When you install tile in wet areas, do you ensure that everything slopes to the drain? If not, please read below.
Let's consider showers. Showers can be a beautiful part of the bathroom especially when tile is part of the finished product. The beauty, though, will not be long lasting if the installation standards and best practices for tile installation are not followed.
Showers are Wet Areas
Although the Introduction section of the ANSI document is not a part of the A108 installation standard, it defines a wet area in section 2:18 as,
“Tile surfaces that are either soaked, saturated, or subjected to moisture or liquids (usually water) such as in gang showers, tub enclosures, showers, floors adjacent to curbless showers, laundries, saunas, steam rooms, swimming pools, or exterior areas.”
This means the shower is considered a “wet” area.
Not only that, showers are intensely and inherently wet. As we've mentioned in a previous article, showers are harsh environments which are not very forgiving when the installation has been poorly constructed by misguided "tile placers" (you can't call them installers due to their lack of quality work). That's why employing Certified Tile Installers is so important.)
How to Deal with Wet Areas?
So how do we deal with tile installations in wet areas such as showers?
Step 1: Floor Tile Must Slope to the Drain
In a stall shower, the plumbing code requires the floor be sloped one quarter (1/4) of an inch per foot in order to carry the water effectively to the drain.
- This slope, according to the TCNA Handbook is called “sloped fill” or commonly known as the pre-slope. This sloped material is installed under the pan liner (waterproofing membrane).
- With a tape measure, determine the distance between the drain and the farthest corner of the shower. As seen in the photo below, this distance is 26".
- Divide that distance in feet (inches divided by 12) by four to find how much slope you need. 26" divided by 12 = 2.167 divided by 4 = 0.4417 or slightly more than 1/2" of slope.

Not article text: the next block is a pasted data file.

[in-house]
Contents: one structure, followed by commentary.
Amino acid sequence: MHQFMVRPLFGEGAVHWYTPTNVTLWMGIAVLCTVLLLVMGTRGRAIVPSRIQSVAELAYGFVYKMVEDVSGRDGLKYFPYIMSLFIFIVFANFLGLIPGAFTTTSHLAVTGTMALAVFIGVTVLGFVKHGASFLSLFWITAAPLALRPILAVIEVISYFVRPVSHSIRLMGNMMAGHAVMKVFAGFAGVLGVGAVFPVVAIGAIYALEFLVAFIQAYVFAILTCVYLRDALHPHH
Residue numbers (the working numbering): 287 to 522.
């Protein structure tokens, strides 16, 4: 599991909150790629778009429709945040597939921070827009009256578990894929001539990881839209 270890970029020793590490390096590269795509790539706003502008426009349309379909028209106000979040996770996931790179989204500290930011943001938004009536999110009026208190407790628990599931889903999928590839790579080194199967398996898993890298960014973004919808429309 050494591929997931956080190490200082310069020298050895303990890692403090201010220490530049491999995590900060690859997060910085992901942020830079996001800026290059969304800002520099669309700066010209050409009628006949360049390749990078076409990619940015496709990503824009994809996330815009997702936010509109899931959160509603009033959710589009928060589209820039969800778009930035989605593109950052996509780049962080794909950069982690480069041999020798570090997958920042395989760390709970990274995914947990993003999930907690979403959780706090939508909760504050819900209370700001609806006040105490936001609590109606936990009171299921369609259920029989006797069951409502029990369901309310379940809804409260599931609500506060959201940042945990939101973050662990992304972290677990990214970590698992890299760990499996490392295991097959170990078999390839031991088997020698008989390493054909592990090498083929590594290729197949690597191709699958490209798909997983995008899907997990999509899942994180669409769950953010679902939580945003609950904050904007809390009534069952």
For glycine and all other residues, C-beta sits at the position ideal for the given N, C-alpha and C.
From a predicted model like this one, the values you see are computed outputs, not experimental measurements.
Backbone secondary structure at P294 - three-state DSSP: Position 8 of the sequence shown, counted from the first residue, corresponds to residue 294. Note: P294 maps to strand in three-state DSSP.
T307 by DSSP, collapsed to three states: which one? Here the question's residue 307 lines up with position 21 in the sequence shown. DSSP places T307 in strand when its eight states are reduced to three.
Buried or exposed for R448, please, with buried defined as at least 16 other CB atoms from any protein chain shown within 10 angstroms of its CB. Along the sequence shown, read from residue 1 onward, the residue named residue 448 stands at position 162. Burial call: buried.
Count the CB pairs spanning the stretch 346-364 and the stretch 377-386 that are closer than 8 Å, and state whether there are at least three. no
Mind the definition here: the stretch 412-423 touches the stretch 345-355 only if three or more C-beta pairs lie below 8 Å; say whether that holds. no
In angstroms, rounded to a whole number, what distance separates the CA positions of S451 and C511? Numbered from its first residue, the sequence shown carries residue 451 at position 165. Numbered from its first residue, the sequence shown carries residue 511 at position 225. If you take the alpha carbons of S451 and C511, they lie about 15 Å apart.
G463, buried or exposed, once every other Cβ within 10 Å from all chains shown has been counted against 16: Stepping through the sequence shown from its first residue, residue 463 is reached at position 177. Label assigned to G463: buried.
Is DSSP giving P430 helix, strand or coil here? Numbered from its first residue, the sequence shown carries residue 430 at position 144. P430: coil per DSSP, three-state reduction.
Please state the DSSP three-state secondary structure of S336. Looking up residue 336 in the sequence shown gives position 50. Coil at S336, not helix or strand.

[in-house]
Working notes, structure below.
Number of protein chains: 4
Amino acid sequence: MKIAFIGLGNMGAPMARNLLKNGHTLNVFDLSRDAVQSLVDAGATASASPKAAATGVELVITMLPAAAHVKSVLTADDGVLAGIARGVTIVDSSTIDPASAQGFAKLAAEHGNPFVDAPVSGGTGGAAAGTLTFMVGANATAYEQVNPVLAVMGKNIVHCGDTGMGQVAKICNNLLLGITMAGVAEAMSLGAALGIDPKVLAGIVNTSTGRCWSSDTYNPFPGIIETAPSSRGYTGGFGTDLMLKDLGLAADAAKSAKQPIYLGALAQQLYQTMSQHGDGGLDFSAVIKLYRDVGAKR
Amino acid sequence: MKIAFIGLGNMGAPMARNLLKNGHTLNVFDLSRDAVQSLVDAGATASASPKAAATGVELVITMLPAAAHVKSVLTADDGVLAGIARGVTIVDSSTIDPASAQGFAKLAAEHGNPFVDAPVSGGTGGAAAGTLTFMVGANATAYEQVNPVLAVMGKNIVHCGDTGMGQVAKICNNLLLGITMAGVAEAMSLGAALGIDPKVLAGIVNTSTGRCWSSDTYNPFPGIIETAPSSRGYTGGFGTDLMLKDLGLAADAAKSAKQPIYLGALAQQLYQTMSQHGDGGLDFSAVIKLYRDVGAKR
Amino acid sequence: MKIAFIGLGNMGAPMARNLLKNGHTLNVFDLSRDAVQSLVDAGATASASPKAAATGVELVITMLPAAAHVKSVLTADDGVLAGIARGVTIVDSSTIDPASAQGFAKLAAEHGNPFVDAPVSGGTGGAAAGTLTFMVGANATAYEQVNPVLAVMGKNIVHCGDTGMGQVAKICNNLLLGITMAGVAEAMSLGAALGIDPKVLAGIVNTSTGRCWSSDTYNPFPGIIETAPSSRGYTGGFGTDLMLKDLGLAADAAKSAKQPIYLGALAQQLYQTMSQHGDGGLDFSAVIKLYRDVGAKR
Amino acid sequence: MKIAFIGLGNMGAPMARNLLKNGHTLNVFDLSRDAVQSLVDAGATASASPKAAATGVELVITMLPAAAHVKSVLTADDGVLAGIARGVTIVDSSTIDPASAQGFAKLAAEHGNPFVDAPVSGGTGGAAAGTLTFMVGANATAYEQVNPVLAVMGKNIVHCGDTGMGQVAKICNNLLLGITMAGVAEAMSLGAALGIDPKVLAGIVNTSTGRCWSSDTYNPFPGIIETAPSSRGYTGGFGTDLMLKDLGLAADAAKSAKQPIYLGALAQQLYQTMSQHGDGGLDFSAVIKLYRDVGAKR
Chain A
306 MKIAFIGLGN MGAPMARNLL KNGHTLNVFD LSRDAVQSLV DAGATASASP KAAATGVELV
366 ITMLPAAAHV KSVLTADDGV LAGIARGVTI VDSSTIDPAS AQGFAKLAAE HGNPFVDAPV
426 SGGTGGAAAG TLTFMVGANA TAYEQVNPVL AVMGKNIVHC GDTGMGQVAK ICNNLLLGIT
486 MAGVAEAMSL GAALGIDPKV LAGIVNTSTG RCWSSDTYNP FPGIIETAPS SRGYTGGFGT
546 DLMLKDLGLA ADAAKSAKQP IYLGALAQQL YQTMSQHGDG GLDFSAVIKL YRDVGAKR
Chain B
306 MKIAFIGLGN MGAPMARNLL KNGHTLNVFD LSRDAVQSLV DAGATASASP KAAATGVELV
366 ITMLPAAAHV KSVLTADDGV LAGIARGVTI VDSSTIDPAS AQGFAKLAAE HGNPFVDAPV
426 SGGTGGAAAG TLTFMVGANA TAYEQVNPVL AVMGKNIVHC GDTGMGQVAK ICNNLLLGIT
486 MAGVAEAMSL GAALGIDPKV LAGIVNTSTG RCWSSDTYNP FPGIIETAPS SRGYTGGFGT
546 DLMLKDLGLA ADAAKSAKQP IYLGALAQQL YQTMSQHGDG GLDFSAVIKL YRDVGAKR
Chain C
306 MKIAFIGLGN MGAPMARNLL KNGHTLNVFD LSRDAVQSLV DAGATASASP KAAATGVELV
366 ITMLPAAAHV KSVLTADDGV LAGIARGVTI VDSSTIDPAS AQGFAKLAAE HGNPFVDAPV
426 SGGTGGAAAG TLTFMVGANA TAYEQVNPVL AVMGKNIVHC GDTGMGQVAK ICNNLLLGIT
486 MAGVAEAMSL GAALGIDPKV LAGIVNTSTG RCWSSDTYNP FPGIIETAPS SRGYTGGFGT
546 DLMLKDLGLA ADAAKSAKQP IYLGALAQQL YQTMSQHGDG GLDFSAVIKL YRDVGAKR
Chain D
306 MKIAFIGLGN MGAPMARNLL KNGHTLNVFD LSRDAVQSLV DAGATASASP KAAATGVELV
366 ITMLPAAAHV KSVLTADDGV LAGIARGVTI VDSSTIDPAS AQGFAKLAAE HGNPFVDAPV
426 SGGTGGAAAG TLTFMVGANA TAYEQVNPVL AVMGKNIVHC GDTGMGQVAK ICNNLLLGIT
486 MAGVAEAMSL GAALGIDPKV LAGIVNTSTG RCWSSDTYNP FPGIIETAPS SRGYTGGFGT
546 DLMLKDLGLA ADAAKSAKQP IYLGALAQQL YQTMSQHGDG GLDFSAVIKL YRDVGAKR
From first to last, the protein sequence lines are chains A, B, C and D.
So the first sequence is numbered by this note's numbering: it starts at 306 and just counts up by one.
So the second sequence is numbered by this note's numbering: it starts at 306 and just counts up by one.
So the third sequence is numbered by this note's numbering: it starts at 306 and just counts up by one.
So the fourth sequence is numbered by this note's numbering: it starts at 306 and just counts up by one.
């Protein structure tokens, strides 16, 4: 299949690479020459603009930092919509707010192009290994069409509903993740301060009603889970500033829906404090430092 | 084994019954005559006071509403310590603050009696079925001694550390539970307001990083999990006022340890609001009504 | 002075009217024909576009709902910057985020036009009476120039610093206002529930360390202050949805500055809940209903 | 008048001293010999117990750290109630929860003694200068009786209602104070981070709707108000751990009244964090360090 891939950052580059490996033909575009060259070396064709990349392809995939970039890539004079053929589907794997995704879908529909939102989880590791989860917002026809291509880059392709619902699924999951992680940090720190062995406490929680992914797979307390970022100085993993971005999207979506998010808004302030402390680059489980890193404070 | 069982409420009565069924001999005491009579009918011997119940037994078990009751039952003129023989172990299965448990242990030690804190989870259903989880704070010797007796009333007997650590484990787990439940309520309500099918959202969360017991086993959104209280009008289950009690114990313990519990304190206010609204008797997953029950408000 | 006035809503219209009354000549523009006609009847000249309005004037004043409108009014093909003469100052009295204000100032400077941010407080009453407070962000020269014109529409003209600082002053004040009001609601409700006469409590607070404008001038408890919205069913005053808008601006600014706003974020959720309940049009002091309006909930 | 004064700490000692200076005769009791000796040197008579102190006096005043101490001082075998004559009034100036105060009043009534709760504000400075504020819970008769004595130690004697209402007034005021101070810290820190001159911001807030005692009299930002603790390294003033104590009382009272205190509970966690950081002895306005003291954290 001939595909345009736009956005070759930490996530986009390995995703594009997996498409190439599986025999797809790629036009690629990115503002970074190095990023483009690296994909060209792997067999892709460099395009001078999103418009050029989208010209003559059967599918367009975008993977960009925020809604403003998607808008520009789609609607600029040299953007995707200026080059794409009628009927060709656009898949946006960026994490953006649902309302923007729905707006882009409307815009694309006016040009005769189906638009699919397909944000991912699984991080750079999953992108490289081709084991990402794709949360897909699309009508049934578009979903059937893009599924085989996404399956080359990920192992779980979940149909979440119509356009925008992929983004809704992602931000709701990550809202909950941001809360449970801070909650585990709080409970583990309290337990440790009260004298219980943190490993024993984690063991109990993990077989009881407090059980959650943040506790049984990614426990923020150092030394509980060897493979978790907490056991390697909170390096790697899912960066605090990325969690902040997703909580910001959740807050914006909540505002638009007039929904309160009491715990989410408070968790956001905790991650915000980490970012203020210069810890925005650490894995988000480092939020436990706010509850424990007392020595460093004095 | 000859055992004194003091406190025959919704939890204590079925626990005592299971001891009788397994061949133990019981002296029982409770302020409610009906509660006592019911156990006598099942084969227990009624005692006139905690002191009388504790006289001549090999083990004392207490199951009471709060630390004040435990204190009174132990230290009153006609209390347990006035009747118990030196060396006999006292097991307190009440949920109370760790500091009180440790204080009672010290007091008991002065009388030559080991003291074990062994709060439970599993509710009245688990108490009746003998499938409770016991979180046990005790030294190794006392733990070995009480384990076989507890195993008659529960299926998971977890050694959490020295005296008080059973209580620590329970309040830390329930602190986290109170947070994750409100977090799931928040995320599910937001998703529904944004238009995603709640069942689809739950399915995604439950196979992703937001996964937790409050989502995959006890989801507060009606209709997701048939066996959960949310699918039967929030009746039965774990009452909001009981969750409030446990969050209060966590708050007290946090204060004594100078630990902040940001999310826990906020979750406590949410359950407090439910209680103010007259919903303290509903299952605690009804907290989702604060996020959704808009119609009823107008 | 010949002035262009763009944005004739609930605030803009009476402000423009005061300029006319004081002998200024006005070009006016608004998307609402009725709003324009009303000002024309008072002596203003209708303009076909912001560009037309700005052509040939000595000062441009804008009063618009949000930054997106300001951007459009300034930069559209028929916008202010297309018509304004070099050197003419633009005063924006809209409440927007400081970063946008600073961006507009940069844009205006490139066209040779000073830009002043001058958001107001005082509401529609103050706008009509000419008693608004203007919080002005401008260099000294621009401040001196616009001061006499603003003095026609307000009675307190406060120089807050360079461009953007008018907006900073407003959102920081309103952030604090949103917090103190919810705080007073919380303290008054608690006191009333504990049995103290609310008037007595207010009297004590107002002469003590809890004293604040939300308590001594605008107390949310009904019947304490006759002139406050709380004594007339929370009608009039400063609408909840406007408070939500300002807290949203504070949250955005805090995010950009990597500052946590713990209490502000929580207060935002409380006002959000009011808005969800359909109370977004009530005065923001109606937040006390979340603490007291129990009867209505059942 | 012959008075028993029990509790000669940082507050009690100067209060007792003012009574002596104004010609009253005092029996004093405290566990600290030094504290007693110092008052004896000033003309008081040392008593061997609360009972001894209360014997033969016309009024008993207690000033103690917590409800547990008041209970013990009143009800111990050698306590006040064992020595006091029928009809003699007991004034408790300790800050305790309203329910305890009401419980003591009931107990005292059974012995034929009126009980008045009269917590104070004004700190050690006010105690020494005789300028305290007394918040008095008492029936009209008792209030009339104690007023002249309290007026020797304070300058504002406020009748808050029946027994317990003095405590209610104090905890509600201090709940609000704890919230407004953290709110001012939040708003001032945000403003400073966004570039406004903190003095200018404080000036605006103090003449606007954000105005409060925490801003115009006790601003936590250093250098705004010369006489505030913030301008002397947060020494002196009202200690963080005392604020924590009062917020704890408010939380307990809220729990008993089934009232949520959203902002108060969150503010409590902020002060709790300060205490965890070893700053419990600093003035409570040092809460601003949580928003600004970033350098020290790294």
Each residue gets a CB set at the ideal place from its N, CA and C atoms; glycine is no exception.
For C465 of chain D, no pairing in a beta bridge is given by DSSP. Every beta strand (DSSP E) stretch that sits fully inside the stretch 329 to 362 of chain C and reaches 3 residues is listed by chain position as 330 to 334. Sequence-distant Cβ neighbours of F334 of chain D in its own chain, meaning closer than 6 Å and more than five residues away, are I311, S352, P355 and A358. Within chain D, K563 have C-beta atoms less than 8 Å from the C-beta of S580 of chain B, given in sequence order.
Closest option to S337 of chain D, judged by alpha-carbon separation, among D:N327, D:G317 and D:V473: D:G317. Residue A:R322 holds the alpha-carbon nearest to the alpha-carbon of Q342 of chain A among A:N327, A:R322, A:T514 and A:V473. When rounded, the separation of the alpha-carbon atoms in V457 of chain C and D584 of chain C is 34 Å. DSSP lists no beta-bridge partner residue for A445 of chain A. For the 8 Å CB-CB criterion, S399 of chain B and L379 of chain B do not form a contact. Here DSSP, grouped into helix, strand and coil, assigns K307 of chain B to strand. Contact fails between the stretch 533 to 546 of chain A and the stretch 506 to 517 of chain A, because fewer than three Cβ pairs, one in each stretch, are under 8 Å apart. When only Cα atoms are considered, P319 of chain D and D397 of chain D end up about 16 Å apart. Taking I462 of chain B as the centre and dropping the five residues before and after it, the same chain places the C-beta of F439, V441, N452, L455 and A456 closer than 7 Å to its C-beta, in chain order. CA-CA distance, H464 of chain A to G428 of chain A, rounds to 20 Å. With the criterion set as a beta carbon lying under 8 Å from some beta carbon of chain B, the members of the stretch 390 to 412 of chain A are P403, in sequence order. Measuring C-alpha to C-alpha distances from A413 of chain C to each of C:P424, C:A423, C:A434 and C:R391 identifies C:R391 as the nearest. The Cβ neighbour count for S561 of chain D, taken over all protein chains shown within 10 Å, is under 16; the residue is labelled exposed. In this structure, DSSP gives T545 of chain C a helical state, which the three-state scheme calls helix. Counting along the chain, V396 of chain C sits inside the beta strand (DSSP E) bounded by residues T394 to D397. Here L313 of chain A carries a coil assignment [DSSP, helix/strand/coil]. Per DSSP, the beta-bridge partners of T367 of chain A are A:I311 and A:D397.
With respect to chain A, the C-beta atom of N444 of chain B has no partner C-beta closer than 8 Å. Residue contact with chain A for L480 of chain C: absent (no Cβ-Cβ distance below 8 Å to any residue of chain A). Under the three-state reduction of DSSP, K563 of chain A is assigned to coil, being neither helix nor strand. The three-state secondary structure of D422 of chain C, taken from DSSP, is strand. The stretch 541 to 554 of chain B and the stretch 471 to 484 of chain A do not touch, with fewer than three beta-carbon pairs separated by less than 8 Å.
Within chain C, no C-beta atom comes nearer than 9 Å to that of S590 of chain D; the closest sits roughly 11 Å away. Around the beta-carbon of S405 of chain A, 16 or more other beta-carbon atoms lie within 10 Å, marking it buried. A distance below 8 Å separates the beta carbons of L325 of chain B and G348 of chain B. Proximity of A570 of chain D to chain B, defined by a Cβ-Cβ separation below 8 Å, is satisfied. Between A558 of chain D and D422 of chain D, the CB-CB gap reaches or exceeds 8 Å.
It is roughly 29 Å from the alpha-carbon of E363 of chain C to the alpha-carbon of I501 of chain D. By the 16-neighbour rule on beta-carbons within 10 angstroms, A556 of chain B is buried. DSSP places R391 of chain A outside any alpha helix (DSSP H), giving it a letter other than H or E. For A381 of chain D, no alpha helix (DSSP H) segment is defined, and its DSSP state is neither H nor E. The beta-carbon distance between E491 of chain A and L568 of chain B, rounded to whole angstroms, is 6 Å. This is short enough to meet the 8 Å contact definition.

- Mark the height of slope along the wall with a pencil and install the sloped fill..
By the way, the floor must also be flat. This means that there can be no low spots for bird baths which could retain water.
Step 2: Slope Shower Ledges, Rims, Sills, Seats and Thresholds
It's not just the floor that you need to consider for sloping in showers.
According to the ANSI standard A108.01-3.6.4,
“All horizontal ledges/rims shall have a slope such that any fluid on their surfaces flows toward the drain.”
Additionally, the Tile Council of North America (TCNA) Handbook, all bathtub and stall shower details contain this note,
“All horizontal surfaces, for example shower seats, sills, curbs, etc., must slope towards drain or other surface sloped toward drain. Where present, waterproofing also must be sloped."
Step 3: All Shower Surfaces Must Slope to the Drain
All these notes and standards clearly show that all surfaces in a shower, be it residential or commercial, must carry the water to the drain and, therefore, must be sloped.
This would include other surfaces in the shower such as the curb or threshold under the door, the shelves of a niche, a corner shelf, a shaving shelf, a seat, and a windowsill, such as the one in the photo below.
Any Slope vs. a Tile Slope to the Drain
Let's examine the photo below where these requirements weren't followed.
This shower, in an upscale hotel, includes a window (and sill) between the shower and the bathroom. You can easily see the puddled water on the sill which is actually sloped not to the drain, but toward the window. Each time the shower is used, water collects on the sill, remaining there until the cleaning staff dries the surface.
Unfortunately, this standing water has found its way to the other side of the wall causing the drywall to deteriorate.
The better approach would have been to slope the tiled window sill toward the shower drain so as to avoid those unwanted water puddles.
The Solution: Pay Attention to Details!
Attention to this and other details in wet areas will provide a shower that will remain beautiful and functional for many years.
Similarly, using qualified labor such as a Certified Tile Installer (CTI) or journeyman installer assures the end user that this type of problem does not occur.
Do You Ensure that Your Tile Work Slopes to the Drain?
What situations have you encountered where tile work didn't slope properly? How did you address the situation?
If you haven't already, consider becoming a Certified Tile Installer (CTI). As a CTI, you set yourself apart from the crowd and know how to anticipate tile installation problems before they occur.
Do it right the first time and get paid accordingly.
Thanks for reading.